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“Excellent.” I picked up my PDA, which had been cued to my e-mail client since the conference began, and tapped Send. “Please check your e-mail. You’ll find your termination notice, along with a receipt confirming that your final paycheck has been deposited to your bank account. Due to California’s at-will status and the fact that you’re all employed under hazard restrictions, I’m afraid we’re not required to give you any notice. Sorry about that.”

The conference exploded as everyone started talking at once, voices overlapping into a senseless barrage of sound. Almost everyone. Mahir, Becks, Alaric, and Dave stayed silent, all of them having ascertained from the process of getting the conference online that something huge was going on.

Shaun, Rick, and I sat quietly, waiting for the furor to die down. It took a while. The Irwins shouted the loudest, while the Newsies shouted the least; they knew me well enough to know that if I was supporting a grand gesture—and this was a grand gesture—there had to be a reason. They trusted me enough to wait and see what it was. Good team. I hired well.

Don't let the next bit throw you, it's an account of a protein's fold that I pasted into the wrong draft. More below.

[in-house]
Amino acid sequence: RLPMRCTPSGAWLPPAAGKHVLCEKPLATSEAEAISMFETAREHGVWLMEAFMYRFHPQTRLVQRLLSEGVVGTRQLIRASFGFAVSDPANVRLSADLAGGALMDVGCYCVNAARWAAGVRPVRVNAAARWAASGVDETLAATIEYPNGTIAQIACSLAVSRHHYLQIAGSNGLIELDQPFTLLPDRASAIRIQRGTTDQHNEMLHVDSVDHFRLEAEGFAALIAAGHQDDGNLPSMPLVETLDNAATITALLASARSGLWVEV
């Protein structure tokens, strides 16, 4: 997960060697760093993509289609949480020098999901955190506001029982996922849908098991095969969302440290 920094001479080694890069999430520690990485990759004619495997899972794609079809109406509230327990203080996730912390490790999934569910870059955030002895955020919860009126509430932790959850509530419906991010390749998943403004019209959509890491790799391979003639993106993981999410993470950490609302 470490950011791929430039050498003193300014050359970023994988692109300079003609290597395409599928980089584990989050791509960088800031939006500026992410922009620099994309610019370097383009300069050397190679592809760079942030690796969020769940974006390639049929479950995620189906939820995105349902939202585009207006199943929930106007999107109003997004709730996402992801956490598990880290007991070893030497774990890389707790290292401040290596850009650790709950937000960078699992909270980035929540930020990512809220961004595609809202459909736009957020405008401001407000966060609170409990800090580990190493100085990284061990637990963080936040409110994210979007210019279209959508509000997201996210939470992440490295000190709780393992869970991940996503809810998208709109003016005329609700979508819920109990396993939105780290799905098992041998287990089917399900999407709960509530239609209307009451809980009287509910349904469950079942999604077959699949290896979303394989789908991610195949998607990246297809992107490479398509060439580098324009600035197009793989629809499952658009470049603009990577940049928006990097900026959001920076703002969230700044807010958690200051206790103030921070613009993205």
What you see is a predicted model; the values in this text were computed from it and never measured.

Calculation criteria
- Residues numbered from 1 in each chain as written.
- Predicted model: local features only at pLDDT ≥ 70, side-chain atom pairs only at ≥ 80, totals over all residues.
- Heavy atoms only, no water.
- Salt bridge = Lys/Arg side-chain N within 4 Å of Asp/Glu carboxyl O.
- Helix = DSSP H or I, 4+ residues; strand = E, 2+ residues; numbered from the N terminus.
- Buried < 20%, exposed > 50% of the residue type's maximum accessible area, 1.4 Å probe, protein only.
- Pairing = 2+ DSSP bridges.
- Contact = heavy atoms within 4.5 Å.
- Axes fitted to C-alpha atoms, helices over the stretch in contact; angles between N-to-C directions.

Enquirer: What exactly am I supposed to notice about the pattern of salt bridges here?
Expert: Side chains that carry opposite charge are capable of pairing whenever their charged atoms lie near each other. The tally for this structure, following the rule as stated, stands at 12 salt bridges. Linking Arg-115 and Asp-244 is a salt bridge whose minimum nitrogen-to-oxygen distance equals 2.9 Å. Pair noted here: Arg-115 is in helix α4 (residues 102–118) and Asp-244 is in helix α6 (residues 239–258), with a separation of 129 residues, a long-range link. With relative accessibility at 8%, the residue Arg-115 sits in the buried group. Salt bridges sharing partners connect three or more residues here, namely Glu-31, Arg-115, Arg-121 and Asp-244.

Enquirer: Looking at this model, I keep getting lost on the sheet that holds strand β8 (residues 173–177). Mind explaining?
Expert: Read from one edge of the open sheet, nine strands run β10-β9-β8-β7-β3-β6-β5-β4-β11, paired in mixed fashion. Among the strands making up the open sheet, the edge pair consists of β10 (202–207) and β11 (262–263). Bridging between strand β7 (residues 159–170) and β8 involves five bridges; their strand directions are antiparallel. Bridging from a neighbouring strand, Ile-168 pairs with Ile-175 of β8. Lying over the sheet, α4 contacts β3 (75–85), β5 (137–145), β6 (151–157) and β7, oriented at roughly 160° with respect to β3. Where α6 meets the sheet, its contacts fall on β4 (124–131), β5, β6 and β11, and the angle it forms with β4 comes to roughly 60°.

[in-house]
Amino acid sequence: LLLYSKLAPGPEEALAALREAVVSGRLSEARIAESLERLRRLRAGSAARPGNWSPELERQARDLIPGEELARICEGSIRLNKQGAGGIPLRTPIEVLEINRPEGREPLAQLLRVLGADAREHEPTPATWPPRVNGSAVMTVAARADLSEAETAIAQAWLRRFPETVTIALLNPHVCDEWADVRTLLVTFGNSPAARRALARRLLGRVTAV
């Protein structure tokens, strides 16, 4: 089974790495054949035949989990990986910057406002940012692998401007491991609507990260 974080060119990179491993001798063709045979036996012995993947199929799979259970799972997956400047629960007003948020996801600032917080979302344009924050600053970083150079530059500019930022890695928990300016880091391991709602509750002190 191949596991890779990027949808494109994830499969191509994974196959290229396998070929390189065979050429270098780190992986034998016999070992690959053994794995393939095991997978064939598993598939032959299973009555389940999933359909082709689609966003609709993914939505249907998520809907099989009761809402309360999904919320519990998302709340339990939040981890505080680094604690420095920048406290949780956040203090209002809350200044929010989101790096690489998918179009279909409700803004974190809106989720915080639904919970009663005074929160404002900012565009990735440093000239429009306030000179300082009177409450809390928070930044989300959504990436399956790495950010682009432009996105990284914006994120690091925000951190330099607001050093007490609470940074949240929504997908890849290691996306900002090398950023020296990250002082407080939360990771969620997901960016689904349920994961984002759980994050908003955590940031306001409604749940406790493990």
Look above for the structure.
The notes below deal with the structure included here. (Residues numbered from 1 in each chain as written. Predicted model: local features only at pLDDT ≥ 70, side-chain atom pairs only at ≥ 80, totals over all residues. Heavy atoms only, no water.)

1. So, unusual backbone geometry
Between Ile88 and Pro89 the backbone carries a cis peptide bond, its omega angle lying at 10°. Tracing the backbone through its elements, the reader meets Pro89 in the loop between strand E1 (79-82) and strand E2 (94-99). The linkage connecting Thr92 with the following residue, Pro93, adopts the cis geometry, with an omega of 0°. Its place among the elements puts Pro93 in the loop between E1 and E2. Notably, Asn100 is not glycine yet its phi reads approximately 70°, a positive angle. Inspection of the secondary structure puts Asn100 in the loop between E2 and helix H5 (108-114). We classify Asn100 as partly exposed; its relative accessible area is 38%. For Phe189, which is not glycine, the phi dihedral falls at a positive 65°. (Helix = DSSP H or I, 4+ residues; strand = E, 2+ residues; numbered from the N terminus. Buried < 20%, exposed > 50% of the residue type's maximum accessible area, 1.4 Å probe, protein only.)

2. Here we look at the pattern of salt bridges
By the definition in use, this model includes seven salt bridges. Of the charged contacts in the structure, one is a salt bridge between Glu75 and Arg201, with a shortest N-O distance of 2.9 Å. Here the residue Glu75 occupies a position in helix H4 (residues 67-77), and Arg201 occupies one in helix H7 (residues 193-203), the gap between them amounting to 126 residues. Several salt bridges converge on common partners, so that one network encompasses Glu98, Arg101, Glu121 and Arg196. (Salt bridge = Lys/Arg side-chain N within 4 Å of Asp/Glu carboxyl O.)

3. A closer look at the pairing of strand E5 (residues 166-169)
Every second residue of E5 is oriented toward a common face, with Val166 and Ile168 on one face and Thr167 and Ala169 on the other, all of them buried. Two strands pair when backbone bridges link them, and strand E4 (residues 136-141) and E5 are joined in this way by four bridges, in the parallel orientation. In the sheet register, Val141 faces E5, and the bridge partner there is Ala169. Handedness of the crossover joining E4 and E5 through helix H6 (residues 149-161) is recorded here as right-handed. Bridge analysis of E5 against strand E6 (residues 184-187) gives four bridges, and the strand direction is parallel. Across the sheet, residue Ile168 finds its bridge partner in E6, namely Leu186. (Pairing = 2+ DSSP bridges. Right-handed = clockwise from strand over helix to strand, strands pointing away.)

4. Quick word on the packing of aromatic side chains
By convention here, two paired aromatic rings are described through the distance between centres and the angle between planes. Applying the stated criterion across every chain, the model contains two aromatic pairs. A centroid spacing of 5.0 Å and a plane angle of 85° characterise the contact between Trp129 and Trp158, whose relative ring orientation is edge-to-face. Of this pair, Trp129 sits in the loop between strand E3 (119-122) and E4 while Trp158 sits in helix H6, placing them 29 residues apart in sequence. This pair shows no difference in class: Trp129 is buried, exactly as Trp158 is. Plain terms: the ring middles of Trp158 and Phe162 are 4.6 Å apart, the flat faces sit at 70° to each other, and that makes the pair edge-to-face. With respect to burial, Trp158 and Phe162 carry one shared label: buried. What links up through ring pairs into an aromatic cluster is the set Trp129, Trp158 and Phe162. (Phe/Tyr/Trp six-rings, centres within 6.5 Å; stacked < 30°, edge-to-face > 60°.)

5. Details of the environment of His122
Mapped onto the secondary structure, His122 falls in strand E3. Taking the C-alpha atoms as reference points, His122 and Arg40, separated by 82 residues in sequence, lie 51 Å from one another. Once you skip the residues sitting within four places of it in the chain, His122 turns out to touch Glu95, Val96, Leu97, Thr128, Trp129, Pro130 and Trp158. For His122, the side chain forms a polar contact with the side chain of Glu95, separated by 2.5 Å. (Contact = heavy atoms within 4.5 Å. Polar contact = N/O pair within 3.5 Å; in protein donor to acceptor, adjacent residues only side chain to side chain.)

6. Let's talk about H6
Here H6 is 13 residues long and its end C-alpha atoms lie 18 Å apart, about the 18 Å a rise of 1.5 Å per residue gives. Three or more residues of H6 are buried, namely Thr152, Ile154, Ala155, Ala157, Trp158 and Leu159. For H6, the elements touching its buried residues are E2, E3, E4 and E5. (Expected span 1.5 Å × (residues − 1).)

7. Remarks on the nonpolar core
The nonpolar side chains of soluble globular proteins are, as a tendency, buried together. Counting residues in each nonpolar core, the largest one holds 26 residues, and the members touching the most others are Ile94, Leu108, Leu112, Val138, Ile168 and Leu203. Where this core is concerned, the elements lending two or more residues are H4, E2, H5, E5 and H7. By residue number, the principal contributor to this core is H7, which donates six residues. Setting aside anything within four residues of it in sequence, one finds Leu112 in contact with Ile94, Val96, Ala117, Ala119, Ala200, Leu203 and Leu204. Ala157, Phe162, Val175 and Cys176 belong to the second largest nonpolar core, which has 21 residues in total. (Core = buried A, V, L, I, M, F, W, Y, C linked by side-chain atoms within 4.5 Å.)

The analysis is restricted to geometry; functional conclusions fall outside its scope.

I set my PDA aside when the shouting began to quiet, saying, “None of you work for us. None of you have any legal ties to keep you here. If you choose to log off at any point during the next five minutes, I’ll see to it that you have a letter of recommendation stating that your value as a journalist is entirely beyond measure. You’ll never have this easy a time finding another job in your life because I’ll pull strings to get you hired, I’ll make sure you’re settled, and then I’ll write you off. This is the all-or-nothing moment, folks: Walk away now if you want to walk, but if you do, you’re walking for keeps.”

There was a long silence, broken when Andrea asked, “Can you tell us why you’re doing this?”

“Buffy’s dead, and now we’re fired,” interjected Alaric. “You don’t think these things might be connected?”

“I just—”

“Not very well, you didn’t.”

“Do me a favor, dears, and shut up so our former boss can speak?” Magdalene sighed. “You’re giving me a headache.”